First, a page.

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A daily look back at the toys, games, and objects that captured our attention as children and continue to fascinate us today.

The Friday Five: Paul Nelson – Laser Tag

Paul Nelson is a classic and tireless entrepreneur. He’s also the inventor of Laser Tag (originally called Laser Maze), and his experience of trying to bring the game to market was his first “real” lesson in business. After learning first-hand how vulnerable an un-patented idea is, Nelson has pursued numerous patents since, and is currently owner and operator of multiple businesses – none of them related to toys or games.

Where did the idea for “laser tag” come from? Did you originally call it by another name?

I got the idea for Laser Tag in the late 1970s, when I was 19 years old. For the first six years of its formation I called it Laser Maze. The concept came from an idea I had that the game of tag needed to go high-tech.

The Friday Five

How did the idea move from concept to development? 

I knew I couldn’t raise the money needed to develop and open Laser Maze without having a college degree. So, I decided to get a degree specializing in inventing and developing businesses, and enrolled at the University of New Orleans in Accounting & Entrepreneurial Studies.

During that time, a gentlemen from Dallas, TX developed Photon in 1984, which was a game system similar to the one I was working on. I felt that there were enough differences between my ideas and his system to continue to develop Laser Maze.

In 1986 I presented my Laser Maze business plan to the three deans of the university. At that time, one of them recommended I call the business “Laser Tag”. I then partnered with one of my professors to develop it in 1987. We employed an engineering company out of California to help develop the electronics and receptors for the system.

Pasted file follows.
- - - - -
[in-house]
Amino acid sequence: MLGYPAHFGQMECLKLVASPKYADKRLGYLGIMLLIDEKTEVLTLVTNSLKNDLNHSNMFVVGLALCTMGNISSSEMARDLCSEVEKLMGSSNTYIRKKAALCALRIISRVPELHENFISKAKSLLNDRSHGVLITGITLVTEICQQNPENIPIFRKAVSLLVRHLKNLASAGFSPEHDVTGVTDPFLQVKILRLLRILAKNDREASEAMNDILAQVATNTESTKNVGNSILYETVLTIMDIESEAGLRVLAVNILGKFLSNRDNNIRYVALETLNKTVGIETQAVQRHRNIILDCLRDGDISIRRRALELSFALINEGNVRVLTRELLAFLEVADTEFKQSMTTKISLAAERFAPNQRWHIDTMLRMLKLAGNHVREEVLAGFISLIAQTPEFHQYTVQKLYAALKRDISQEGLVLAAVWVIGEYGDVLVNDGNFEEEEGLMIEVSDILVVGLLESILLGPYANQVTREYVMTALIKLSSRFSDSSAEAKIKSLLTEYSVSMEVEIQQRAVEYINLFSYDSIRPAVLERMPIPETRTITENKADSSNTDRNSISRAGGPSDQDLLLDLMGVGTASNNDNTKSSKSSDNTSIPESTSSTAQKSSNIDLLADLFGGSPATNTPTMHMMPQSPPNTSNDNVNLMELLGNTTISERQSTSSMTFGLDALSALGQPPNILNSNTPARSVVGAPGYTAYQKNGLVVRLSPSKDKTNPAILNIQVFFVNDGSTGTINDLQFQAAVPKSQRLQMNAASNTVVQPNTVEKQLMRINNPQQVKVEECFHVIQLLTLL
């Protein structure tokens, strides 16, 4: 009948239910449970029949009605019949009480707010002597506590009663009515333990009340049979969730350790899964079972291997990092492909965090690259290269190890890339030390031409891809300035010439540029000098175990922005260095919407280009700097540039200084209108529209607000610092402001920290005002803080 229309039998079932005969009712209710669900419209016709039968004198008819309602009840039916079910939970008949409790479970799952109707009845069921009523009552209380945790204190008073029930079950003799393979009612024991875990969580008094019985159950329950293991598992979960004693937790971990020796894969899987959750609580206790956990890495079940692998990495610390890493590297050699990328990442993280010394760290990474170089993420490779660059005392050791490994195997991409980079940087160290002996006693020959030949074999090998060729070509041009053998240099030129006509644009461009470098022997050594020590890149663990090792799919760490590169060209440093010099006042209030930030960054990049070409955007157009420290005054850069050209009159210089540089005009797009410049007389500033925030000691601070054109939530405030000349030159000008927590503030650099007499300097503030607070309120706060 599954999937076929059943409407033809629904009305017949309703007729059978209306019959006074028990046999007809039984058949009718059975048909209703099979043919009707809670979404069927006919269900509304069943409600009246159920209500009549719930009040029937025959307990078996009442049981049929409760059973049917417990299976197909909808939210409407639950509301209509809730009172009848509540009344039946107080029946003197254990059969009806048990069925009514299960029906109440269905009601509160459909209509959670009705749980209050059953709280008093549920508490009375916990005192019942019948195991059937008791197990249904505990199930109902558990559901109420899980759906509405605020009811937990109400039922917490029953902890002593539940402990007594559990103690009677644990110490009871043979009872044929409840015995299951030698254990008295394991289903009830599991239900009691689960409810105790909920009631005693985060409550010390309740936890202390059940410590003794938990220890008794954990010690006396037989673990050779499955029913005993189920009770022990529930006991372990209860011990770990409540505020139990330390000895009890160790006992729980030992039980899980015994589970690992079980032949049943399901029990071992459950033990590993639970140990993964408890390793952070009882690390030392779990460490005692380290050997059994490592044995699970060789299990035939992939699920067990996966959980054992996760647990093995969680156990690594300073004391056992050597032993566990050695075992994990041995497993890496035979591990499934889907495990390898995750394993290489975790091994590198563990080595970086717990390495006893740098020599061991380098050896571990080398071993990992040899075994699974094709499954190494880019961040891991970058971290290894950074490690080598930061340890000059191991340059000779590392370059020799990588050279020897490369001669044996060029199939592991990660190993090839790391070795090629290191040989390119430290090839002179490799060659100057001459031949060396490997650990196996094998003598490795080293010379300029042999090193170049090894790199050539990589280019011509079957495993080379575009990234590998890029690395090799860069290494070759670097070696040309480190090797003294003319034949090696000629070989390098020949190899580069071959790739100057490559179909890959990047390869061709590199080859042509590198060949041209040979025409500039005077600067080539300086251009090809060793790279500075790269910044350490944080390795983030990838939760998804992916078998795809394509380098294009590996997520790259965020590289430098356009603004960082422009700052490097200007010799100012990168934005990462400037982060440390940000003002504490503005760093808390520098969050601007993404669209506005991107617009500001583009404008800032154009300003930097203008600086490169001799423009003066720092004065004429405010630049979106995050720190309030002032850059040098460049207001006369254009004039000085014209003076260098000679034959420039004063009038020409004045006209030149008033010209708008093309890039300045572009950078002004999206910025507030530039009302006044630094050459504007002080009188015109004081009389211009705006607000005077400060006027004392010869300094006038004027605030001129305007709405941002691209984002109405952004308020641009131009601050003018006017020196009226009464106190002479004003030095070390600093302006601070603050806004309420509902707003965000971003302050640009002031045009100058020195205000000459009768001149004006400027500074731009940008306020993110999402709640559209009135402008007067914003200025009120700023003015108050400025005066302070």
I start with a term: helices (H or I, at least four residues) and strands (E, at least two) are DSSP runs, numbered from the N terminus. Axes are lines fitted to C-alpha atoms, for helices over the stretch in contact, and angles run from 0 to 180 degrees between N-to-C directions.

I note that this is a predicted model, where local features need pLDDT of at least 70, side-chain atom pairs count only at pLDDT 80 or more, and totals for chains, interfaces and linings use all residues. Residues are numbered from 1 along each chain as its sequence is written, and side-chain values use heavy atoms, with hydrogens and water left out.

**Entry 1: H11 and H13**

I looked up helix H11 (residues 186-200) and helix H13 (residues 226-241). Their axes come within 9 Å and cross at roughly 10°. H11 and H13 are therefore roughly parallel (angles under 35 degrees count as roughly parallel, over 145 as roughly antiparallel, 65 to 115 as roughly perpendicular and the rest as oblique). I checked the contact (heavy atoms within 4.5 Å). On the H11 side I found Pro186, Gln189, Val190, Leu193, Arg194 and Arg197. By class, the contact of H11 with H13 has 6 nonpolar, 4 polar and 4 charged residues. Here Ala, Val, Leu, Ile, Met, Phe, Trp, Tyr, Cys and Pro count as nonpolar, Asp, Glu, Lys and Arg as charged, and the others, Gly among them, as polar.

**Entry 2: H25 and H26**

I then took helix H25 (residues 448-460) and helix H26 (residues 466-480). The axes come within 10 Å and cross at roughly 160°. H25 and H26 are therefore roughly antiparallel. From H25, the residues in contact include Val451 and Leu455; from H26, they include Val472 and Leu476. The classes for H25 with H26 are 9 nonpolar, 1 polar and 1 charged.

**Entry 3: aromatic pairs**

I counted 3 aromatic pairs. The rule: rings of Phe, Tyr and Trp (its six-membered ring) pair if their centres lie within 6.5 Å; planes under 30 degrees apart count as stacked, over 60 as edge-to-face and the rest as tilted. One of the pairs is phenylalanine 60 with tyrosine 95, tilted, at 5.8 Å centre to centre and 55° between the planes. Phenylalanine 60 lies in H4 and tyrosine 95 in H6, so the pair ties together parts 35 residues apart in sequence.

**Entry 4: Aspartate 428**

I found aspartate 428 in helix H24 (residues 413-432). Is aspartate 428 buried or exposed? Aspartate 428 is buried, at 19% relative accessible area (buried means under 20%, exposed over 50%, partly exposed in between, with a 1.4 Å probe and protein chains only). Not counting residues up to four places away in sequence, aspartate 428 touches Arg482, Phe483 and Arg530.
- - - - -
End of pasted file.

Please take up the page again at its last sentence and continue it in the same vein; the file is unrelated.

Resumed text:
At the time, my business partner was getting a divorce and choose to discontinue help with the funding. What I did not know was that my business plan was entered into a competition in Florida. The plan was then used by one of the promoters of the competition to open the business. I always say that was my first real lesson in business.

Photon went out of business, but my model is still up and running.

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What did you learn about the patent process?

I learned that I should have filed for patent! After seeing my idea launched by someone else, I regretted not filing for a patent on Laser Tag. Since making that mistake, I have filed for numerous provisional patents in many areas. I now hold several patents and am working on eight others currently. None of those patents are related to Laser Tag.

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What are your business interests today?

Today, I own and run Tandem Roofing, LLC; Tandem Lighting, LLC; and EZY Curb, LLC, which is a patent-holding company licensing my newest inventions and doing research and development on the rest of my brain-children.

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Do you ever play laser tag?

It’s been a very long time since I played, but I hope to do so again soon. It’s very hard finding time to play while running four companies!